Human microbiome interact reciprocally with the host. Recent findings showed the capability of microorganisms to response towards host signaling molecules, such as hormones. Studies confirmed the complex response of bacteria in response to hormones exposure. These hormones impact many aspects on bacteria, such as the growth, metabolism, and virulence. The effects of each hormone seem to be species-specific. The most studied hormones are cathecolamines also known as stress hormones that consists of epinephrine, norepinephrine and dopamine. These hormones affect the growth of bacteria either inhibit or enhance by acting like a siderophore. Epinephrine and norepinephrine have also been reported to activate QseBC, a quorum sensing in Gram-negative bacteria and eventually enhances the virulence of pathogens. Other hormones were also reported to play a role in shaping human microbiome composition and affect their behavior. Considering the complex response of bacteria on hormones, it highlights the necessity to take the impact of hormones on bacteria into account in studying human health in relation to human microbiome.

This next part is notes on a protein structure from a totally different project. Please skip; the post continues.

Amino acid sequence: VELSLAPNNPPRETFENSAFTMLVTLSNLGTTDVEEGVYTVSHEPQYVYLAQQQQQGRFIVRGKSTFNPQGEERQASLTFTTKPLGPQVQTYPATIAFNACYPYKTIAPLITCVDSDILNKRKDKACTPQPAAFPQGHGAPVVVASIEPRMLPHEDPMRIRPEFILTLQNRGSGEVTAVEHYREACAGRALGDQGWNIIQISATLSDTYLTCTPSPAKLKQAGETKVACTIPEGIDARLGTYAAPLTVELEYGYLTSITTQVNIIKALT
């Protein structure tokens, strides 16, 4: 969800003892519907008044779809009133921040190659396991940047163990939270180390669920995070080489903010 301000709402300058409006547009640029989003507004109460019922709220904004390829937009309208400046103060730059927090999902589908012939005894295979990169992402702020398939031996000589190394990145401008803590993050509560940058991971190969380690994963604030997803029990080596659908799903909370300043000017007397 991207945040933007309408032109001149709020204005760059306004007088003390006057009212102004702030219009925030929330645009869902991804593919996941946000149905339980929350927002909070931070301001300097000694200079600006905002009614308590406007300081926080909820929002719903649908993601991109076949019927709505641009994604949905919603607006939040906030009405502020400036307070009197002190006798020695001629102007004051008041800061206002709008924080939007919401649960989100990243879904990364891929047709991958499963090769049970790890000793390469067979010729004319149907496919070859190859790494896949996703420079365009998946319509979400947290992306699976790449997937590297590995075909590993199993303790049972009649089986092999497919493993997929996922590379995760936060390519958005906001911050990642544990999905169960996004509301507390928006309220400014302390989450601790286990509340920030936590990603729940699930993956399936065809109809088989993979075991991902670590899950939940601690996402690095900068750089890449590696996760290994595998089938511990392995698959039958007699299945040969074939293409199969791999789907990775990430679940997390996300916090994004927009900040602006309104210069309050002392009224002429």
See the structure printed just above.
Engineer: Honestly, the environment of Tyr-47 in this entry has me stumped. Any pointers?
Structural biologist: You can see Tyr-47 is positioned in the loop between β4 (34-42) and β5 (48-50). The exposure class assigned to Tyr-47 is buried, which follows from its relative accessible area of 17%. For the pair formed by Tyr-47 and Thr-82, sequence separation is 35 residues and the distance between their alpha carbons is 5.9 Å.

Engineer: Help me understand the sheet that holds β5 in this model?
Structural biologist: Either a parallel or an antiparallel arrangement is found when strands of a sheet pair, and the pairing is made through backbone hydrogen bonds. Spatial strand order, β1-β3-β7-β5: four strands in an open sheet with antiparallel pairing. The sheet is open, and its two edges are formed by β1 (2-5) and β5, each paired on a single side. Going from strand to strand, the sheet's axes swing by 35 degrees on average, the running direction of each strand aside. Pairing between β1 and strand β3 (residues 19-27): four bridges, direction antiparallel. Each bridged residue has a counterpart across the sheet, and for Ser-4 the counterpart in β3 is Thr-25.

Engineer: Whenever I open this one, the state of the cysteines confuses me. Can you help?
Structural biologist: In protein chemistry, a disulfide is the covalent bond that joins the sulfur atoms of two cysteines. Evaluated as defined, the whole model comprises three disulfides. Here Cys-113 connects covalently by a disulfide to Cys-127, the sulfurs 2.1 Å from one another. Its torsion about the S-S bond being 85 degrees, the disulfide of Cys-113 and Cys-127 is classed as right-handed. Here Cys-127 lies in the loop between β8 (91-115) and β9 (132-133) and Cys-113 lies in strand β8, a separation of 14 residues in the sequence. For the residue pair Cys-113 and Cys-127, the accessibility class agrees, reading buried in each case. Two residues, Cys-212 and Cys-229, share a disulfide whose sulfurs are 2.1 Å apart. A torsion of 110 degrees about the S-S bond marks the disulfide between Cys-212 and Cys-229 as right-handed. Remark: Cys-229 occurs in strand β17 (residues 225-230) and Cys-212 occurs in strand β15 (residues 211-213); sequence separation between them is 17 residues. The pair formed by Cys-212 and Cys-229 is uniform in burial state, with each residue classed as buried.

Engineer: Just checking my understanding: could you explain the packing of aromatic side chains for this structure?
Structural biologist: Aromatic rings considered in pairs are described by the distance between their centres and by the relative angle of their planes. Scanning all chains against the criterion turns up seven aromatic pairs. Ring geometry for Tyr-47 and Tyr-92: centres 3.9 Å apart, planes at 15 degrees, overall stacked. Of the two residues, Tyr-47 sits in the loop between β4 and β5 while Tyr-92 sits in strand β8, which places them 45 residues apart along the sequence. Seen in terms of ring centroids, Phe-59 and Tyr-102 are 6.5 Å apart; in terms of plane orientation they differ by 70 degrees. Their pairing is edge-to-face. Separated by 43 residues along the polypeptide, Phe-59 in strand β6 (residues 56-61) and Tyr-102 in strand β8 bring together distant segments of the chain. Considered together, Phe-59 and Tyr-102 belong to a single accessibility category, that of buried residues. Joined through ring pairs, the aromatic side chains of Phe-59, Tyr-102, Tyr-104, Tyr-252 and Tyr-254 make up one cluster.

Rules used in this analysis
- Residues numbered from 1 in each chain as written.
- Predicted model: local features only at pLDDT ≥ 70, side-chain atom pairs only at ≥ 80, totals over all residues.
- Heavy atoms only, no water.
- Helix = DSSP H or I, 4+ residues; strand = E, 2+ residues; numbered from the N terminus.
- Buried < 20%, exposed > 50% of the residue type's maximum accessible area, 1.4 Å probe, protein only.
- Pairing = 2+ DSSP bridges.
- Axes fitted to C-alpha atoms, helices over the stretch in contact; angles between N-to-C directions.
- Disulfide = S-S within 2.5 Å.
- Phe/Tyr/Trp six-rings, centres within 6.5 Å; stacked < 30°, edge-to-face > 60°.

- Human microbiome